“George Saunders Has Written the Best Book You’ll Read This Year” inspired me to read Tenth of December, but as often happens the headlines deceive. In the last twelve months I’ve read phenomenal books like The Great Man and The Black Swan. I’ve also read Tenth of December, which isn’t exactly bad; I felt like a Good Person for having read it.
Yet feeling like a Good Person isn’t the same as saying a book is fun or great (which are not always the same thing). Some stories in Tenth of December are funny; “Exhortation” in particular made me laugh, written as a deranged memo from the “Divisional Director” to the “Staff” and saying things like
We all know very well that that ‘shelf’ is going to be cleaned, given the current climate, either by you or the guy who replaces you and gets your paycheck…
Saunders does corporate euphemism frequently (“given the current climate”) and often well. He also does sad, as in this diary extract:
When kids born, Pam and I dropped everything (youthful dreams of travel, adventure, etc., etc.) to be good parents. Has not been exciting life. Has been much drudgery. Many nights, tasks undone, have stayed up late, exhausted, doing tasks. On many occasions, disheveled + tired, baby-poop and/or -vomit on our shirt or blouse, one of us has stood smiling wearily/angrily at camera being held by other, hair shaggy because haircuts expensive, unfashionable glasses slipping down noses because never had time to get glasses tightened.
There’s a Raymond Carver feel* (the dropped “youthful dreams of travel,” the unforeseen children, the sense of potential squandered in the detailed “unfashionable glasses”) mixed with Modernism’s dropped words. Yet it’s hard for me to get excited about passages like this one, which I feel like I’ve read before; too many stories leave me saying, “So what?”, even though there are some extravagantly wonderful passages:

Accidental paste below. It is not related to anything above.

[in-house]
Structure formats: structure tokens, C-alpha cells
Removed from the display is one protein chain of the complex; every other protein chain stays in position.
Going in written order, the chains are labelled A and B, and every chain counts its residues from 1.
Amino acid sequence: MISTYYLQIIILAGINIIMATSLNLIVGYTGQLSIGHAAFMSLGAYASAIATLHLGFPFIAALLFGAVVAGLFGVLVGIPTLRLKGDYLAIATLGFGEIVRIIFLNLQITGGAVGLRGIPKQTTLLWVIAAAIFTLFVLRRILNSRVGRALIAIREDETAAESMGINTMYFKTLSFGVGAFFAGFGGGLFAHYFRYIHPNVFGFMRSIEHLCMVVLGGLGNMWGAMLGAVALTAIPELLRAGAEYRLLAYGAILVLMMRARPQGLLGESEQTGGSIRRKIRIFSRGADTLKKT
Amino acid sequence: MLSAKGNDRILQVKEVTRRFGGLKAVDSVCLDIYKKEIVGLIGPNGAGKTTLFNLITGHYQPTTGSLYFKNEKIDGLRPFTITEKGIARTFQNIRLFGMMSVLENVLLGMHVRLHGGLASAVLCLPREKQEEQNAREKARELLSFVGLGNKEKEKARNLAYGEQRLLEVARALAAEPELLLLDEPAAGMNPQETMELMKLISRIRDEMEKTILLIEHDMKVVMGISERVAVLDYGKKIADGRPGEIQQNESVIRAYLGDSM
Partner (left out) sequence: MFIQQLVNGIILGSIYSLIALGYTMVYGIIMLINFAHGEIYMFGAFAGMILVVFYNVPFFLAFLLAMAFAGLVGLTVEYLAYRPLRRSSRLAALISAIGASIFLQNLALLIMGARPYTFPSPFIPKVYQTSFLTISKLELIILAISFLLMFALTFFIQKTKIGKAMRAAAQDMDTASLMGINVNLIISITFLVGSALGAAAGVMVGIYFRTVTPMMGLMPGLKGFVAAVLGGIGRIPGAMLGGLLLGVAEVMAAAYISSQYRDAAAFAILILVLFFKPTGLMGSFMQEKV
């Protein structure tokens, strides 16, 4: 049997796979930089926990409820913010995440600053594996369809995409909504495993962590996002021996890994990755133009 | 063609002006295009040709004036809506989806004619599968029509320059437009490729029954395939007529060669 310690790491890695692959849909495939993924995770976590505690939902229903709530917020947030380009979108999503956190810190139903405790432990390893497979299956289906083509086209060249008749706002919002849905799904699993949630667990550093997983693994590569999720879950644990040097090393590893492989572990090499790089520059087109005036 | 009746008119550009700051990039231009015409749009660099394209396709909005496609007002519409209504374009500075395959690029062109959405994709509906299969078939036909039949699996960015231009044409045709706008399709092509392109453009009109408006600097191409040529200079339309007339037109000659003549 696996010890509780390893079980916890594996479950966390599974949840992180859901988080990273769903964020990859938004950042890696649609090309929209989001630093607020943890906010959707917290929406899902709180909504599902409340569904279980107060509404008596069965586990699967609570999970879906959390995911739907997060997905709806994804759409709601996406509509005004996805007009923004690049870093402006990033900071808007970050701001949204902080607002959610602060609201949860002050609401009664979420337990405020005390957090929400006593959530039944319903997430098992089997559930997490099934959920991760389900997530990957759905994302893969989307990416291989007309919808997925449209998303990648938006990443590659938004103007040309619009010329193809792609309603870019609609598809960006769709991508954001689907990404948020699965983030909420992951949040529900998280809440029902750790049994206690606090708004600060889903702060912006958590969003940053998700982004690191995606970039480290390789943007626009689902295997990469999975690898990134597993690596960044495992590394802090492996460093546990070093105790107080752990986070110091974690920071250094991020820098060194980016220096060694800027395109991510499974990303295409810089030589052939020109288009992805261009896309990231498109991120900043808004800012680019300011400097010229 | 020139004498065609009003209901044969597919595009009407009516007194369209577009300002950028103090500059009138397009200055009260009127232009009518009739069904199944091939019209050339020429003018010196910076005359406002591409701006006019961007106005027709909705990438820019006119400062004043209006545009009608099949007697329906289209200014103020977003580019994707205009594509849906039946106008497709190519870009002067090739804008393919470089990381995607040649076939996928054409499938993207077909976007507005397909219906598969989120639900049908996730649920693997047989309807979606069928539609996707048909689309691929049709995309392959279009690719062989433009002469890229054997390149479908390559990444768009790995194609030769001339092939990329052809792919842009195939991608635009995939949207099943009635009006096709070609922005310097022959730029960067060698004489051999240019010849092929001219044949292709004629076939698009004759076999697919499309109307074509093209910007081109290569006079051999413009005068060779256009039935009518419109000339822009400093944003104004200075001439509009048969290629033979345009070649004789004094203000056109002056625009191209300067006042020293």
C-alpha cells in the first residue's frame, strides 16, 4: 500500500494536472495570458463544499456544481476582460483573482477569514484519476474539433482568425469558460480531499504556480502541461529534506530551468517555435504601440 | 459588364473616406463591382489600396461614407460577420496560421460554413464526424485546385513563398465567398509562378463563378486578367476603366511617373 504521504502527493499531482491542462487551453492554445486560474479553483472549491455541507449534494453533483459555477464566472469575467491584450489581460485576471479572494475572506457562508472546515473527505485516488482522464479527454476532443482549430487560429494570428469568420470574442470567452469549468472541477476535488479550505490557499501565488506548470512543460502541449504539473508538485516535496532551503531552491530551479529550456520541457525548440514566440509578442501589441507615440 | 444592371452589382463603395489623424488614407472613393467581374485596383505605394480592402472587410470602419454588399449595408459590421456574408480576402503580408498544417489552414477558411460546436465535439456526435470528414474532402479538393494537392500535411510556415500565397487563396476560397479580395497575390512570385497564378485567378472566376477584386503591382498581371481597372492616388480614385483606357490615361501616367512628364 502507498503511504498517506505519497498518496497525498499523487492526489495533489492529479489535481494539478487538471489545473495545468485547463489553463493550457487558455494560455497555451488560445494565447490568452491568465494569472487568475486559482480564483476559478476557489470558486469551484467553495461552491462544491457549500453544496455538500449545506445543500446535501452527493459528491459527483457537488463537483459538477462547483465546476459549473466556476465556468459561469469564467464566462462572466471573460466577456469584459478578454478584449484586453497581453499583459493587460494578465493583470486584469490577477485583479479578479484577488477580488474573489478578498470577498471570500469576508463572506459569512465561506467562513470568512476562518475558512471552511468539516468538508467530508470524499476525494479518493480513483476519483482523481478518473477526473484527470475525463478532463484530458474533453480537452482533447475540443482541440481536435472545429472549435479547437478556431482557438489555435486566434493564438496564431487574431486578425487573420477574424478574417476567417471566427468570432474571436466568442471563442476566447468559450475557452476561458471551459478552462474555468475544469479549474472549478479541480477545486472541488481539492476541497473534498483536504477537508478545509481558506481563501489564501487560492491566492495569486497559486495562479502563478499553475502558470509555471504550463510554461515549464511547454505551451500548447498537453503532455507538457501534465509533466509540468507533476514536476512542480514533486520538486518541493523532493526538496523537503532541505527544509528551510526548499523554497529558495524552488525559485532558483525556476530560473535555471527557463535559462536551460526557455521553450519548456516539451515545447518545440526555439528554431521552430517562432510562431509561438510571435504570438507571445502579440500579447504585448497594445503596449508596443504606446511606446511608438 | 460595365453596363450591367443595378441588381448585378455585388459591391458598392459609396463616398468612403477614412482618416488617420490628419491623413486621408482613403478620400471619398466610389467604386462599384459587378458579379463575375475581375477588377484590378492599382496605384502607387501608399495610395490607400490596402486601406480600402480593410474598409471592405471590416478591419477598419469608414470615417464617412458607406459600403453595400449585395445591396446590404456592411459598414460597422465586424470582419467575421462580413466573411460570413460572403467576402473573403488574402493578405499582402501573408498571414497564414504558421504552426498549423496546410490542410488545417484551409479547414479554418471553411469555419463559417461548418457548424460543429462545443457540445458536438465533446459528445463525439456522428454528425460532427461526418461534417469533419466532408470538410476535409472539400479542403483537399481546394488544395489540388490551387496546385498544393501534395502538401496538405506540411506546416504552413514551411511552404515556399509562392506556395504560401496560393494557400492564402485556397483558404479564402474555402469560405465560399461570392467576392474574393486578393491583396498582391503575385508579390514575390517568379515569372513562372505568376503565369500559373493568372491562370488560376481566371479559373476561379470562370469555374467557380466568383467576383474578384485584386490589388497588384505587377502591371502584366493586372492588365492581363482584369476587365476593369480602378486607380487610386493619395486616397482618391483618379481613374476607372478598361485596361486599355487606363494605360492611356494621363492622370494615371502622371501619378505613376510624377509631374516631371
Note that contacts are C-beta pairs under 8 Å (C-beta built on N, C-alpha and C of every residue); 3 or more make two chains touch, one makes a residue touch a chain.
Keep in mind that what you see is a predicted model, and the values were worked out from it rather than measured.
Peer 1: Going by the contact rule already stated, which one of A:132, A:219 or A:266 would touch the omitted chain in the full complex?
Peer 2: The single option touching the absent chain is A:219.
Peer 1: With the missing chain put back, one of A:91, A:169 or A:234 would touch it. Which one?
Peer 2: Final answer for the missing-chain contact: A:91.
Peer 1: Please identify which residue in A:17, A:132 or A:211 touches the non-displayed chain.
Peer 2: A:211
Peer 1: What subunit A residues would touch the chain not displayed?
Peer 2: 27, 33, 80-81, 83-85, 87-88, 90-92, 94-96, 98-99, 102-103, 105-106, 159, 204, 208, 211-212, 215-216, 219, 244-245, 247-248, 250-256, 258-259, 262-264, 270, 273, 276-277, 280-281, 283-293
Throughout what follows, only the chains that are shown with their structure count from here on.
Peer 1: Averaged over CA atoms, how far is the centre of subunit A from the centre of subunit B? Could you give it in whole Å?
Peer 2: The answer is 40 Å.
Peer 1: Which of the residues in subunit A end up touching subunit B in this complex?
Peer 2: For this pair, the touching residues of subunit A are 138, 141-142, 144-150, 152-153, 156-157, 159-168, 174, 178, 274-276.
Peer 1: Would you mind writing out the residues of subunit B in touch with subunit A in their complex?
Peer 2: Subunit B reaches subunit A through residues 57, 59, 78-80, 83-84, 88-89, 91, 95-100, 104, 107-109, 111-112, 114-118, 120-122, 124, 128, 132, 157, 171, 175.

At that point, I started feeling like a chump, like I was being held down by a bunch of guys so another guy could come over and put his New Age fist up my ass while explaining that having his fist up my ass was far from his first choice and was actually making him feel conflicted.
Yet these sections are too rare for me and the random detritus of fiction too frequent. Too often I found myself thinking, “So what?” There is admirable weirdness in some stories but less so perhaps than Ian McEwan’s early short stories. I read people saying things about how Saunders has the pulse of America or writes about an America others don’t or whatever, but I’m not sure that his work reflects America so much as it does an imagined reflection of America common in many journalistic and academic minds.
In addition, literary fiction habitually condescends to jobs, workplaces, and businesses. Sometimes that condescension is justified but more often it feels like misunderstanding intensified by the expert use of language. Saunders treads the lines where satire, condescension, and realism meet. There are interesting literary novels set in workplaces that have yet to be written—something like Last Night at the Lobster, a novel that I think will stay with me long after Tenth of December has faded.
More Carvarian, reproduction-related unhappiness, from another story: “We left home, married, had children of our own, found the seeds of meanness blooming also within us.” From this and countless similar renditions of the same perhaps we should assume that maintaining equanimity in the face of children should be an explicit goal.